Kabir on Transience

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Had-had tape so auliya

Behad tape so peer

Had-anhad dono tape

Wako naam Fakir.

-Kabir

One who transcends limits is protector

One who transcends limitless is spiritual guide

One who transcends both limits and limitless

Is called Fakir.

-Kabir

Kabir, the ultimate Fakir and a renowned mystic poet from 15th century India, saw clearly how temporary everything is.  As children growing up in India, we had Kabir’s Dohe (couplets) in our textbooks. Here is translation of one of his poems Mat Kar Maya ko Ahankaar, Mat kar Kaya ko Abhimaan. Liberty is taken not to translate verbatim but to capture the meaning. It was fascinating to read 500 year old Hindi.

Kabir first tells about a powerful king in past and how small is human life span in backdrop of flow of time.

There was a strong emperor

All powerful and ruler of lands

Elephants in his majestic court

All in the end

As ephemeral as dew drops

Then Kabir reminds us that we all face grief over losses due to impermanence of things.

Parents and family

And all attachments

Why feel grief over loss?

Everyone eventually passes away

As ephemeral as dew drops

Finally, Kabir tells us that message of humility is what one should learn.

Don’t be so arrogant of wealth

Don’t be so proud of looks

This body is more frail than clay

Just a gust of wind, even a small one,

Can turn you into dust

Falling Autumn Leaves Cad Frunze Toamna Ruginie Pictures

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Sahir Ludhianvi and Mystery of Time

 

When I was growing up in India, like everyone around me, I was fortunate to experience some great music from Bollywood. Wonderful voices of Rafi Sahib, Asha Ji, Kishore Da, Lata Ji, and many other great singers, combined with poetry of many talented writers, provided a deep aesthetic experience for our growing minds. Radio used to be always on in my childhood home.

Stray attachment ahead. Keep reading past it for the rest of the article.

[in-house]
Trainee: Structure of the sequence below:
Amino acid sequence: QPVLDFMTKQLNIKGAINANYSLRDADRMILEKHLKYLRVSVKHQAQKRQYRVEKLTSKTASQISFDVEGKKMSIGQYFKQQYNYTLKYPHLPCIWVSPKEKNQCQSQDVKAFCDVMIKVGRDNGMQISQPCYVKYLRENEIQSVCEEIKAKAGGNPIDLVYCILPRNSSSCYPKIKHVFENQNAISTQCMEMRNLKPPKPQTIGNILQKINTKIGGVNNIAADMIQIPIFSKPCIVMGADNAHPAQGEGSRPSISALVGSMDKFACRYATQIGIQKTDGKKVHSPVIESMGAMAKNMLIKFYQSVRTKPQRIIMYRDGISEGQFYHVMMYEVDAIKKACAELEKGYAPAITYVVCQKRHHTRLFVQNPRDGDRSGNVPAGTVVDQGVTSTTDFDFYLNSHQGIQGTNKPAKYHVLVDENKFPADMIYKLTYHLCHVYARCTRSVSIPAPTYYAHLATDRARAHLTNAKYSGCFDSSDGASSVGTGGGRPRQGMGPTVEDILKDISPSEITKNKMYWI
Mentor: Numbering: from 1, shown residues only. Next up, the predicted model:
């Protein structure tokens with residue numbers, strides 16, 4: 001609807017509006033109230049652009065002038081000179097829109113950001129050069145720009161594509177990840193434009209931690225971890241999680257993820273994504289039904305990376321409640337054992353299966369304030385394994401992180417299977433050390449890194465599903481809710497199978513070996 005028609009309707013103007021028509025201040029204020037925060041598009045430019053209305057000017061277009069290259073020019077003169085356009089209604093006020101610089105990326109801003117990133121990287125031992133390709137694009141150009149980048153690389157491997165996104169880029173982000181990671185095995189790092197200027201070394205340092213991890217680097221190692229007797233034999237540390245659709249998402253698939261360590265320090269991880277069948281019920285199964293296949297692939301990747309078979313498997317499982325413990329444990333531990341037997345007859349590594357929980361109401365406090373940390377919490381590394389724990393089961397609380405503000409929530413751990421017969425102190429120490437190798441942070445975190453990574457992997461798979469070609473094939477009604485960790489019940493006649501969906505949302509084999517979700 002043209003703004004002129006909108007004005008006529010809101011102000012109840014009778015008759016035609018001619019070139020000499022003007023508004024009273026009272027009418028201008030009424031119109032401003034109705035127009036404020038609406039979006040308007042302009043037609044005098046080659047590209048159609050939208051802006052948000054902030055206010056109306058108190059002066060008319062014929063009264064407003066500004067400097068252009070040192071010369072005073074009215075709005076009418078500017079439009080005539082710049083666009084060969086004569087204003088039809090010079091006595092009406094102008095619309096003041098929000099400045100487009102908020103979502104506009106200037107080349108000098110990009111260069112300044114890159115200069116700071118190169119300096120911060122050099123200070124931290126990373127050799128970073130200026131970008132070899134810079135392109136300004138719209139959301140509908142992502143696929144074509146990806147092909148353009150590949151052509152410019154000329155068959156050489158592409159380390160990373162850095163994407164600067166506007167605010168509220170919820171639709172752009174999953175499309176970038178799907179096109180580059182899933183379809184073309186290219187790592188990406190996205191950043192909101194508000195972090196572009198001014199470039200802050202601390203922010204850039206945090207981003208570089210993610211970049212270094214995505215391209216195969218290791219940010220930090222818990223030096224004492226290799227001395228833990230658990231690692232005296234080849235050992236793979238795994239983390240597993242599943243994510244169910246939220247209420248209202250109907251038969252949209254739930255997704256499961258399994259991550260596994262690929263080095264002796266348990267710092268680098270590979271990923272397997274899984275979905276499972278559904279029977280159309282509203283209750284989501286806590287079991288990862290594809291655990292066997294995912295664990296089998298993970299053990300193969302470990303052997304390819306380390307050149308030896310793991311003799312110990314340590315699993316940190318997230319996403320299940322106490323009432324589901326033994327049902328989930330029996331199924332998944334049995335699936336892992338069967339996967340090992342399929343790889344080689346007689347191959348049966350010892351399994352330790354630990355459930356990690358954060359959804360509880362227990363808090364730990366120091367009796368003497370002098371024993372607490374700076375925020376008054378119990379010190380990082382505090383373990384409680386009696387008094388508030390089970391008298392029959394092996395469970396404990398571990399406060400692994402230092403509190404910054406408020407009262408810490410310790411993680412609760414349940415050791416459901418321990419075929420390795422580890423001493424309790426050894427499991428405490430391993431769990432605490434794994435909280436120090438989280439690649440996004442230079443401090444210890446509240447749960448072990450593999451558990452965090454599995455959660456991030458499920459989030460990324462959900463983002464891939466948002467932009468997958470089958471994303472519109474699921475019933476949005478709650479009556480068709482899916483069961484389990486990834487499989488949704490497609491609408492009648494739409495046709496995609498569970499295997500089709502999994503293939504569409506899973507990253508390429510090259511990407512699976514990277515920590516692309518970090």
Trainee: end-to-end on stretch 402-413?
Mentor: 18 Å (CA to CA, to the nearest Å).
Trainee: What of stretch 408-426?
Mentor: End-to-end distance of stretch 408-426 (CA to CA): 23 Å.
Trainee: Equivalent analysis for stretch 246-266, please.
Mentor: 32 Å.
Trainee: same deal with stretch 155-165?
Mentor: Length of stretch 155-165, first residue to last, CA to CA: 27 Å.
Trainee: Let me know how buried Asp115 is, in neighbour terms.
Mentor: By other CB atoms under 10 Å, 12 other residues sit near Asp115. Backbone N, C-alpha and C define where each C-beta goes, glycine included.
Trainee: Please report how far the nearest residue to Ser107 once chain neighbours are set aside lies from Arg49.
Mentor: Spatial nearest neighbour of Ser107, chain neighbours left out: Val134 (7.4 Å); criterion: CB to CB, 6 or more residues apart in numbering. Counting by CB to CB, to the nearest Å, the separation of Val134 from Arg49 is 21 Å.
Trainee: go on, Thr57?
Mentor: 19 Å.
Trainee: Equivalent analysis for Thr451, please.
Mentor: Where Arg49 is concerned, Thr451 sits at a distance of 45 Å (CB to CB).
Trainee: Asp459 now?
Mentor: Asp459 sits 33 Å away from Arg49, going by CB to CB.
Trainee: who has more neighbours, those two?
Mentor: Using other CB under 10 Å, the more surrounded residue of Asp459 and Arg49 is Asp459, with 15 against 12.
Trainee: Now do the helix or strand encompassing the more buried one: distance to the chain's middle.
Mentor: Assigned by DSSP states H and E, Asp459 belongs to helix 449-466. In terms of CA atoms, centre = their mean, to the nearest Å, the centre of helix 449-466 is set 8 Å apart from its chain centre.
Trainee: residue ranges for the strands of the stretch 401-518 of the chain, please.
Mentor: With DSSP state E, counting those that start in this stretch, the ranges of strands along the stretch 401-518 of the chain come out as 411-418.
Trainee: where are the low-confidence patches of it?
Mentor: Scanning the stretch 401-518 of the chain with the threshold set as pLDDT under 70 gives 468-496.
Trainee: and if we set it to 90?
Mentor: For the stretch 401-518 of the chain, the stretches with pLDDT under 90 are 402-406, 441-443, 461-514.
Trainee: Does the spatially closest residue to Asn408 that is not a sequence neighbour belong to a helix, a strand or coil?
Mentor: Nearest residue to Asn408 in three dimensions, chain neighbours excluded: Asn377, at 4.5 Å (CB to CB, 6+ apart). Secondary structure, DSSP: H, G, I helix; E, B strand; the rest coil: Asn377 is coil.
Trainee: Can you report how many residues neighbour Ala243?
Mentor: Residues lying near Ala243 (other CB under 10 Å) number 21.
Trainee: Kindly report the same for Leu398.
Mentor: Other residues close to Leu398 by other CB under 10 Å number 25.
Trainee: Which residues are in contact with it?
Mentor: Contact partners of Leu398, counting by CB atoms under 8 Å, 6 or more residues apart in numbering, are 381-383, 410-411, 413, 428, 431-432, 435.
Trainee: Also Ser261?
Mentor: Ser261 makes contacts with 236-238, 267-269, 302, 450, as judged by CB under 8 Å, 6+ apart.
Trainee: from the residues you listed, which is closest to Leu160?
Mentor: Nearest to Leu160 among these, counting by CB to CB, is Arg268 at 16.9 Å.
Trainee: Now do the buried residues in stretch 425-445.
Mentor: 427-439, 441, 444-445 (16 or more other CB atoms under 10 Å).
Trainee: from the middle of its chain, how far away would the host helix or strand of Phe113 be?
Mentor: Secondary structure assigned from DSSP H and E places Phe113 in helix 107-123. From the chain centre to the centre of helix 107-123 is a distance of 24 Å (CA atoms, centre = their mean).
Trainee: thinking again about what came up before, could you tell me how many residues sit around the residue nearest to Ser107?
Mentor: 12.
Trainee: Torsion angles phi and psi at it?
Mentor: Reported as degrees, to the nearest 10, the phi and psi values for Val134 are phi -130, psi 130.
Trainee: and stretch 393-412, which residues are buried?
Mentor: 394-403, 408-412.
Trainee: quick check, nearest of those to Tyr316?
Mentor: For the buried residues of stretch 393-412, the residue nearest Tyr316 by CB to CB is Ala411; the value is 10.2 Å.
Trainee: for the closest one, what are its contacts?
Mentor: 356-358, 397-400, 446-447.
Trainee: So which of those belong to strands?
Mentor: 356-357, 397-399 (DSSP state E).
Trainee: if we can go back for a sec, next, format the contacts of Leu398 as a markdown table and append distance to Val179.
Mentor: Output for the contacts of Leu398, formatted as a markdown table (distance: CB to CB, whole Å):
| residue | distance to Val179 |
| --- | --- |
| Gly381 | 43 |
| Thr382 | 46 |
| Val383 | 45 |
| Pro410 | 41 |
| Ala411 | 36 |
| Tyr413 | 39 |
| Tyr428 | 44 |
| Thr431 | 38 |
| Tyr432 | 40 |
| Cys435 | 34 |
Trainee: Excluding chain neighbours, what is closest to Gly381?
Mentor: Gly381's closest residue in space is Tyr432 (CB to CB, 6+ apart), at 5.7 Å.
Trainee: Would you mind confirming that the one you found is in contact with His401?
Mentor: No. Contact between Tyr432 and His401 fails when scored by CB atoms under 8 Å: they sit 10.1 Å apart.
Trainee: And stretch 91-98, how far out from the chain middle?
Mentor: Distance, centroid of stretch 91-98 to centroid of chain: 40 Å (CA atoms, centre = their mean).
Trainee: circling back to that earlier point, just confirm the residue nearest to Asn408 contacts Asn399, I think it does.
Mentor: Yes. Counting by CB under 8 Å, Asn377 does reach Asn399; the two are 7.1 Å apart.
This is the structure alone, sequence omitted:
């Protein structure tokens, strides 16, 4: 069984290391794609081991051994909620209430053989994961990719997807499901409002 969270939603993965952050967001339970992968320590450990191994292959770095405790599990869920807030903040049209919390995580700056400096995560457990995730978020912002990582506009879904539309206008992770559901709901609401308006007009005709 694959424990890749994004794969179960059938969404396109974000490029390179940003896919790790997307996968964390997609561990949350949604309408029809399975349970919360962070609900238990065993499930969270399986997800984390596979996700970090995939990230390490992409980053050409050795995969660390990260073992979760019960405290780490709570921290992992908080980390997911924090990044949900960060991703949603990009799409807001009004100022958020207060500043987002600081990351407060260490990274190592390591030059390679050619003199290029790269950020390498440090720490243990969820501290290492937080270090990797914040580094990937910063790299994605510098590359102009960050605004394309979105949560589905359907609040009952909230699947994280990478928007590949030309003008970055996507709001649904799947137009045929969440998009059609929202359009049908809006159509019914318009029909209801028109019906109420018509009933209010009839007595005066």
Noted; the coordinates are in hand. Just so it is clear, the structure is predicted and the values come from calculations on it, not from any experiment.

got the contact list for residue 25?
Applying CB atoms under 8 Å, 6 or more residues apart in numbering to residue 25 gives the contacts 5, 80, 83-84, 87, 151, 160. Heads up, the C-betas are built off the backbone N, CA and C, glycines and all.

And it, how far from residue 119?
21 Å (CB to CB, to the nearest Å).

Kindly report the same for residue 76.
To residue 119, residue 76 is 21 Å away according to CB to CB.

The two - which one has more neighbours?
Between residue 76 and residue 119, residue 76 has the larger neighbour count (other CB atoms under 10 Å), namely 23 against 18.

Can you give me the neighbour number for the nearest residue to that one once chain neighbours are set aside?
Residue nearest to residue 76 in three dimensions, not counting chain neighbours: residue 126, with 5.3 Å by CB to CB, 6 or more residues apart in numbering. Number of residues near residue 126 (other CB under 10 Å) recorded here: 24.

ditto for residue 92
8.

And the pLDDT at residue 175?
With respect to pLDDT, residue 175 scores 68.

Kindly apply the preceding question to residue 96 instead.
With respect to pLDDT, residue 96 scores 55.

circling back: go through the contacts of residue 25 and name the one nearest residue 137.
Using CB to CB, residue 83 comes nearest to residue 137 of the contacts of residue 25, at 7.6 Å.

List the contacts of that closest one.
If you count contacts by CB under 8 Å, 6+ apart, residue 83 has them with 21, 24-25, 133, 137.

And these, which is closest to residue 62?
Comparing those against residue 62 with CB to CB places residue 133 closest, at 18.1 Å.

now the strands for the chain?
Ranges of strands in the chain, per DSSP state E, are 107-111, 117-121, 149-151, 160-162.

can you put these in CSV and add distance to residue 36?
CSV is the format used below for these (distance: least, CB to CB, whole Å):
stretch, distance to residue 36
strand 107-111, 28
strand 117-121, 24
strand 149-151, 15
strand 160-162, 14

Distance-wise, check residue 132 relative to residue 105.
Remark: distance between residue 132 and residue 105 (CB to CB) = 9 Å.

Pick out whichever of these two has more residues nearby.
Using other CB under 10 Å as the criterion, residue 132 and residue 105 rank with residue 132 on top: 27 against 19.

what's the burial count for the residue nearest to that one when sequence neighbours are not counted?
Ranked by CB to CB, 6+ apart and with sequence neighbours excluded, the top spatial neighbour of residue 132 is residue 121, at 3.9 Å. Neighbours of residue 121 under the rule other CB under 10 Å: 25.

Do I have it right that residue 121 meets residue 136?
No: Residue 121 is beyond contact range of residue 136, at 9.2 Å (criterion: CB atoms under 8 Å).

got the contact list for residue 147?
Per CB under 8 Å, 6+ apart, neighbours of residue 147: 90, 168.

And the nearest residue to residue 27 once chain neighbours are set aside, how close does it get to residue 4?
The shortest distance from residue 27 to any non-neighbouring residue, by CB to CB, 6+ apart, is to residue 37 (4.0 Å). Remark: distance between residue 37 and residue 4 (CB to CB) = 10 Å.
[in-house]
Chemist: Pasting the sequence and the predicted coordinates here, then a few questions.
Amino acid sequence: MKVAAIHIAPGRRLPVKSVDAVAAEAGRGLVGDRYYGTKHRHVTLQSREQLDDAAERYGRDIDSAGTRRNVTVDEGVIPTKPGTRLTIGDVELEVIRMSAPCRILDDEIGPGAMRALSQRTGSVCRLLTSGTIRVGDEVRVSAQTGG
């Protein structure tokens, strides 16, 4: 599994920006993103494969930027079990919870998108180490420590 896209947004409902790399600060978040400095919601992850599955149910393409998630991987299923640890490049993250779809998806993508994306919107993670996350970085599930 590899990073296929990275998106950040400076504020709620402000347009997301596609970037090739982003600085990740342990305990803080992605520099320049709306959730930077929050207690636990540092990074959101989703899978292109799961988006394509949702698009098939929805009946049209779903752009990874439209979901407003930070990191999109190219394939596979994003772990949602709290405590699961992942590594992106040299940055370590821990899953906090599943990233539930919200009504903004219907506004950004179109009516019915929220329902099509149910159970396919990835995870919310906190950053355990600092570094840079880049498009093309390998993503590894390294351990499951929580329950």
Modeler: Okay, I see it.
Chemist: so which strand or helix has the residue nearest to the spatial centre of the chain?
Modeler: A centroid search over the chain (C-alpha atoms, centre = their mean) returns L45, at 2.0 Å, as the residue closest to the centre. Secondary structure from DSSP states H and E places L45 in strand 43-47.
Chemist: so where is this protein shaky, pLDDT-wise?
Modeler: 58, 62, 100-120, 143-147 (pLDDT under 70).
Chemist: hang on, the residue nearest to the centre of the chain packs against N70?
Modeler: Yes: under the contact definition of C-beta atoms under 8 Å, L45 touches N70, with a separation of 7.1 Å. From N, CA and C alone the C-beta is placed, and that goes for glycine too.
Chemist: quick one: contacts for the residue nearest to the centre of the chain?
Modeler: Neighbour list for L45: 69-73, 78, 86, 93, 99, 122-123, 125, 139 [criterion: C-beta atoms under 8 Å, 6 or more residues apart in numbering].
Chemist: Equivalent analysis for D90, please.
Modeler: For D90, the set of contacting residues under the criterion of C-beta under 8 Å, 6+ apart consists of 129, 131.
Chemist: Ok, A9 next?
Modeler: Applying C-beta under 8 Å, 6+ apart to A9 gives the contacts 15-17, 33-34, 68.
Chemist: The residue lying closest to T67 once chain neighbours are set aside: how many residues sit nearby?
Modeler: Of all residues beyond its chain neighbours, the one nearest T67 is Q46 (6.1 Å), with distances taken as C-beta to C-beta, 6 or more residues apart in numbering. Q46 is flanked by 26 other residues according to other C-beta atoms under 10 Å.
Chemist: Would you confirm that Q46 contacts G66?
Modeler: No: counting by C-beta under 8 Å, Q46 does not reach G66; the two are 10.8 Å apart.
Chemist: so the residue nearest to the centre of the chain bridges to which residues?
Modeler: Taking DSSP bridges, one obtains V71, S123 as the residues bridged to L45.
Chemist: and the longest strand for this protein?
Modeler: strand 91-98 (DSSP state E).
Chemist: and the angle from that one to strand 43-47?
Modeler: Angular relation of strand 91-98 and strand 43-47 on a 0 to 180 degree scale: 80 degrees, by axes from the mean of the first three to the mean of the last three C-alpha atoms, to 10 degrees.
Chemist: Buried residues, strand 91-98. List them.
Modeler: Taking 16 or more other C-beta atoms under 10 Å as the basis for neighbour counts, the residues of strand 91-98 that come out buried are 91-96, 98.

In particular, Sahir Ludhianvi’s poetry stood out. I remember two songs “sansaar ki har shay ka” and “aage bhi jaane na tu” which made me wonder as there seemed to be a jewel hidden in the songs.

Later I learned how physicists are grappling with the nature of time. Whether it is Arthur Eddington’s Arrow of Time, or The Wheeler-DeWitt equation of a timeless universe, or emergent space-time in quantum theory, time remains a fundamental mystery. Even the notion of the present moment and how we perceive it, is amazing as shown by Einstein in relativity of time and in relativity of simultaneity. Thanks to my daughter who keeps me updated with all this wonderful science. 🙂

In “sansaar ki har shay ka”, here is the translation of one of the stanzas:

where is this path from, where is it leading to,

nobody knows the secret of this mystery.

on the Eyelid of this moment, rests the cosmos,

till the closing of the Eye, all this is a beautiful game

and, here is from “aage bhi jaane na tu”:

you don’t know what is ahead, you don’t know what is behind you,

whatever is, is this moment alone

Sahir is expressing his awe and sense of mystery, and how our subjective experience of the present moment creates the magic of universe and brings it to life to us.

A poet’s expression and a theoretical physicist’s equation. Two sides of a great effort to understand.

I wish all the bright minds, and students in sciences, and new generations, very best to unravel this deep mystery.

dali